Tuesday, 3 January 2017

Breeches, day one

This week, I have to construct a pair of breeches and a shirt for a near-by potter friend.  I'm going to be posting how I construct breeches in hopes that it may make the experience easier on others who are up for the task, but also to help people understand the lengthy process it takes to make this garment for the everyman of the eighteenth century.

I am using both machine and hand sewing and finishing in order to speed up the process a bit, and also to hopefully allow for a bit more durability, as my potter friend will be machine washing and drying the clothes after every wear. He creates historical pottery in these clothes, so if he didn't launder regularly, they would become pottery themselves.

First up, I pressed my pattern and cloth so that they were both very flat, and then I cut out the parts for making the breeches.  Here you can see from the left, pocket bags and front facings (I am making dog ear pockets at the side fronts), the Fall facings and plackets (bottom), the breeches fronts, and the waistbands. The breeches backs are just out of frame.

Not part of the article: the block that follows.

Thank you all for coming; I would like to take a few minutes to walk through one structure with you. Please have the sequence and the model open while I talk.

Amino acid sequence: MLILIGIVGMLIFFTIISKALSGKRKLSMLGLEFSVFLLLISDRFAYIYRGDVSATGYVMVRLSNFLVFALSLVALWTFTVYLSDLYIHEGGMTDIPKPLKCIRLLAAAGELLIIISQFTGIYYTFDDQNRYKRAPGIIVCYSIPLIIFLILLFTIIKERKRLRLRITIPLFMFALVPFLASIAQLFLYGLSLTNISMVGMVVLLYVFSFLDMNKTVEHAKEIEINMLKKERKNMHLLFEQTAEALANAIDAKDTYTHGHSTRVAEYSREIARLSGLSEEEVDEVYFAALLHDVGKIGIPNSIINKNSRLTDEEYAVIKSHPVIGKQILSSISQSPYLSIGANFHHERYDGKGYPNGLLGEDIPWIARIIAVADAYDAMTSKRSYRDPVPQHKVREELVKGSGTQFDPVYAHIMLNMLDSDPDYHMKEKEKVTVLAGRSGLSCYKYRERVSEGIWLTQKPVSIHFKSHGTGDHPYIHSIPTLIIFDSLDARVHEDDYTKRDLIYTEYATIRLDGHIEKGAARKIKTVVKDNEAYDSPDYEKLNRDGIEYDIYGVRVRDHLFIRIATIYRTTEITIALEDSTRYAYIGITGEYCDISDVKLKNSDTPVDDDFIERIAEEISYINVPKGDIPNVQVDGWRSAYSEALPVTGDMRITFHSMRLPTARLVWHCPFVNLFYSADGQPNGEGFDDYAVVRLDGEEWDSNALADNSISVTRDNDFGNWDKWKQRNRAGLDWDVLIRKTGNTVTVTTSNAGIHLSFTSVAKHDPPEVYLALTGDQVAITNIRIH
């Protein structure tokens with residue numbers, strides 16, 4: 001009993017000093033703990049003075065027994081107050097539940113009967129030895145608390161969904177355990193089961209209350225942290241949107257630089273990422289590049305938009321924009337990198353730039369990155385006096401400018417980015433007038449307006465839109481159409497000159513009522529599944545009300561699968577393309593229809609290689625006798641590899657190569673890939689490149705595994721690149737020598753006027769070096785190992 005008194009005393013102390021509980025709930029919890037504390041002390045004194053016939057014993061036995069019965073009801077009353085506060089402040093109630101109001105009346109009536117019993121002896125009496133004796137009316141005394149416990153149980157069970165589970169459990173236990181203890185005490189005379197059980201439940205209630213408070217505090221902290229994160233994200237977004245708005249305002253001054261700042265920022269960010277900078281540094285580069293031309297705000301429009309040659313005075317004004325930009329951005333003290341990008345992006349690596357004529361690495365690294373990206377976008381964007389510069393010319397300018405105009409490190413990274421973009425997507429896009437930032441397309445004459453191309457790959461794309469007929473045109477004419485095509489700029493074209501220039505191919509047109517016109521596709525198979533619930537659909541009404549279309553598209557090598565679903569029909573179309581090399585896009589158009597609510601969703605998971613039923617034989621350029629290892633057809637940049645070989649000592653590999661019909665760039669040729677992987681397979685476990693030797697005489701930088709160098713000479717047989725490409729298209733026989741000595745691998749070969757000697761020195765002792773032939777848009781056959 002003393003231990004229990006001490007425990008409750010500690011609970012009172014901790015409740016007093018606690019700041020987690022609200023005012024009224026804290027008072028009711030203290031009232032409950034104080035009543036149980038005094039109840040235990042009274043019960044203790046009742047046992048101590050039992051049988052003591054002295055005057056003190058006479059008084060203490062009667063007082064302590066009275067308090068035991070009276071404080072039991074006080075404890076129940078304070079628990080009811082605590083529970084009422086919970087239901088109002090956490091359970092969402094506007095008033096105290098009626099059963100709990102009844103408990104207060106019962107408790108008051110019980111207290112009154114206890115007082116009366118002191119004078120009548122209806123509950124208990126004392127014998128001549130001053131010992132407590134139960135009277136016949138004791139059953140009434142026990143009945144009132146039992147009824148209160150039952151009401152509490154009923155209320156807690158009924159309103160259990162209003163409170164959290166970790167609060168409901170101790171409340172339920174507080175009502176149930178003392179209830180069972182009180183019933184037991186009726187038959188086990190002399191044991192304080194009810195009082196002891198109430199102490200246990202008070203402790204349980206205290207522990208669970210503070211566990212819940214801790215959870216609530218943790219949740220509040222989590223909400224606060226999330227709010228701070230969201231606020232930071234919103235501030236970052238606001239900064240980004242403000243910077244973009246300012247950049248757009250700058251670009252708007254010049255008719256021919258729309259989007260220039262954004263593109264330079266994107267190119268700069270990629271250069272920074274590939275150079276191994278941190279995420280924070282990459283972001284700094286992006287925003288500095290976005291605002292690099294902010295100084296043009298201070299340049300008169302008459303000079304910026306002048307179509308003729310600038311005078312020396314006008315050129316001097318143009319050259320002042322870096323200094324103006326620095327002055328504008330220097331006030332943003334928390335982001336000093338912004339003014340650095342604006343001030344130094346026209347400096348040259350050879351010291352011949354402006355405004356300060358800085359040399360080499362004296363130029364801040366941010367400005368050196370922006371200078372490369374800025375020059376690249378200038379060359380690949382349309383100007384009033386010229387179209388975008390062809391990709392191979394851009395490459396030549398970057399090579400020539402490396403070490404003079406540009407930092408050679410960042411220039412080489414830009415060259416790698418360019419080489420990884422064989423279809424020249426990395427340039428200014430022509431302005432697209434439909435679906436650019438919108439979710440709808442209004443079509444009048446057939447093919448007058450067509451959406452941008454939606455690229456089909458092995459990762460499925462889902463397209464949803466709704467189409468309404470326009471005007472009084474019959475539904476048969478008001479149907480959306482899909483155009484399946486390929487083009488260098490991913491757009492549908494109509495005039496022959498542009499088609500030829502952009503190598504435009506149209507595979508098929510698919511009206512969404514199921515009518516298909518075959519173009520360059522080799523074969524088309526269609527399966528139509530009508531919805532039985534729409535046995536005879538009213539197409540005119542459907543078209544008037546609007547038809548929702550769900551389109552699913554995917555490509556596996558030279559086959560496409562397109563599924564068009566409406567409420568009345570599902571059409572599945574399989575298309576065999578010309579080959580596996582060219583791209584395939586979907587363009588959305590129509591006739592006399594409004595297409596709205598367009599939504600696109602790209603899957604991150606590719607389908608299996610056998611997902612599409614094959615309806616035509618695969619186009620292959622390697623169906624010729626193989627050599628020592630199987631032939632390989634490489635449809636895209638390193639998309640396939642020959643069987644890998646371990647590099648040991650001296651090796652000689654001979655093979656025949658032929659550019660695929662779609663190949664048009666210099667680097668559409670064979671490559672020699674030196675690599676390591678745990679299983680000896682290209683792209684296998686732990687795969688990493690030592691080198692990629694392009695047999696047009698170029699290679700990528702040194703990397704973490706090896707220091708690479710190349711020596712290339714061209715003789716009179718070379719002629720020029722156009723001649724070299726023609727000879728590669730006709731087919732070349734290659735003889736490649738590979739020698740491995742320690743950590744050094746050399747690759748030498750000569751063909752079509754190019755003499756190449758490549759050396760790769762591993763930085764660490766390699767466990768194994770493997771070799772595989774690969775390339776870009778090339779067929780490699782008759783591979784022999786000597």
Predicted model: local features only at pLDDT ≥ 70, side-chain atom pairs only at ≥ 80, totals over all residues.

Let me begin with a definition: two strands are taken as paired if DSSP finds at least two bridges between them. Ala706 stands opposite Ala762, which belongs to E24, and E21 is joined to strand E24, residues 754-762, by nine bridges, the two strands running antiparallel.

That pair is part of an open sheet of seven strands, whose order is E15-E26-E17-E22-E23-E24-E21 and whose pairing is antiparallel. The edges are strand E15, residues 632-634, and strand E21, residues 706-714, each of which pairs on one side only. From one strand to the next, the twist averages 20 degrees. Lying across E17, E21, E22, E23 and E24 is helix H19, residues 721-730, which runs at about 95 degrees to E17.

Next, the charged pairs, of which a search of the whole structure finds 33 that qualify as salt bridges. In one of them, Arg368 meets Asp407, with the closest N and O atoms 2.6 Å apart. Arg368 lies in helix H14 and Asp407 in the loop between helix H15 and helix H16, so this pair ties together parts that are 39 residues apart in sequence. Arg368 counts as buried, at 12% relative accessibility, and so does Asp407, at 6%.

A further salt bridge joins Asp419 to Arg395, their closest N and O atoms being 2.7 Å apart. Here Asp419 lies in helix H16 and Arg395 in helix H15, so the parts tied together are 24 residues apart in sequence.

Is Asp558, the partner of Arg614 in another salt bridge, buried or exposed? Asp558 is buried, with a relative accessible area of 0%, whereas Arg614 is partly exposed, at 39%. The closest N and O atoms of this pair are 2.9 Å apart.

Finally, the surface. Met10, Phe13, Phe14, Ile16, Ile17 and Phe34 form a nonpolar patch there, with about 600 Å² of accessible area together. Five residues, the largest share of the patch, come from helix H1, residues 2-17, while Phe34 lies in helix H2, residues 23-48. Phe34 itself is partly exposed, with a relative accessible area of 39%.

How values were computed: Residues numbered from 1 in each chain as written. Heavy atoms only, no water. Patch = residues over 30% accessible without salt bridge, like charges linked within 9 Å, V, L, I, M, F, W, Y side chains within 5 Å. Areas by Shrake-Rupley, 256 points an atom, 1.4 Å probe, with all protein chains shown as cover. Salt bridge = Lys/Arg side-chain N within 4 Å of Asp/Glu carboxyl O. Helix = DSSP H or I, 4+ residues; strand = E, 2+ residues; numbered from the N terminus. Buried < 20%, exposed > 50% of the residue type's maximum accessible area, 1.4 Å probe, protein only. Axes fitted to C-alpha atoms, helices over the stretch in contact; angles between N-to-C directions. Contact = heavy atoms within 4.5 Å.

The front curve of both the Fall facings and the breeches fronts are the first seams to be sewn. Right sides together, a half inch seam allowance. I sewed the seam by machine, but more progressive folks will want to do that by hand, using a running back stitch. Don't forget to anchor the start and finish of your stitching, either by back stitching if by machine, or knotting your thread and backstitching if by hand. This seam will get a bit of strain, being in the crotch area.

The first picture in this bunch shows the seam sewn. You have to look carefully, I used rust coloured thread. The second pic shows the seams pressed open. Yes, you will need an iron for this project.  Your pressing tools are the most important tools in your sewing room, apart from your thimble and scissors. The third photo shows the turning down and pressing of the top edge of the Fall and Fall facing. These seams are then placed wrong sides together, with all the raw edges tucked in  and then the top edge is stitched together using a felling stitch.
I made a bit of a film of it, but it's difficult to see, Here's a video from Burnley and Trowbridge that shows exactly what I am doing.
The last photo shows the top edge stitched, with the little 'top' stitching from the felling stitch, and the inside showing that I'm just picking up the edge of the fold of the facing/lining as I sew.

Now, I would have kept going, but it was getting dark, I don't sew after dark. That and stopping to take photos and write about each step slows stuff down. Hopefully you all can now get caught up with me, and we can start again later today. First up though, I need coffee.

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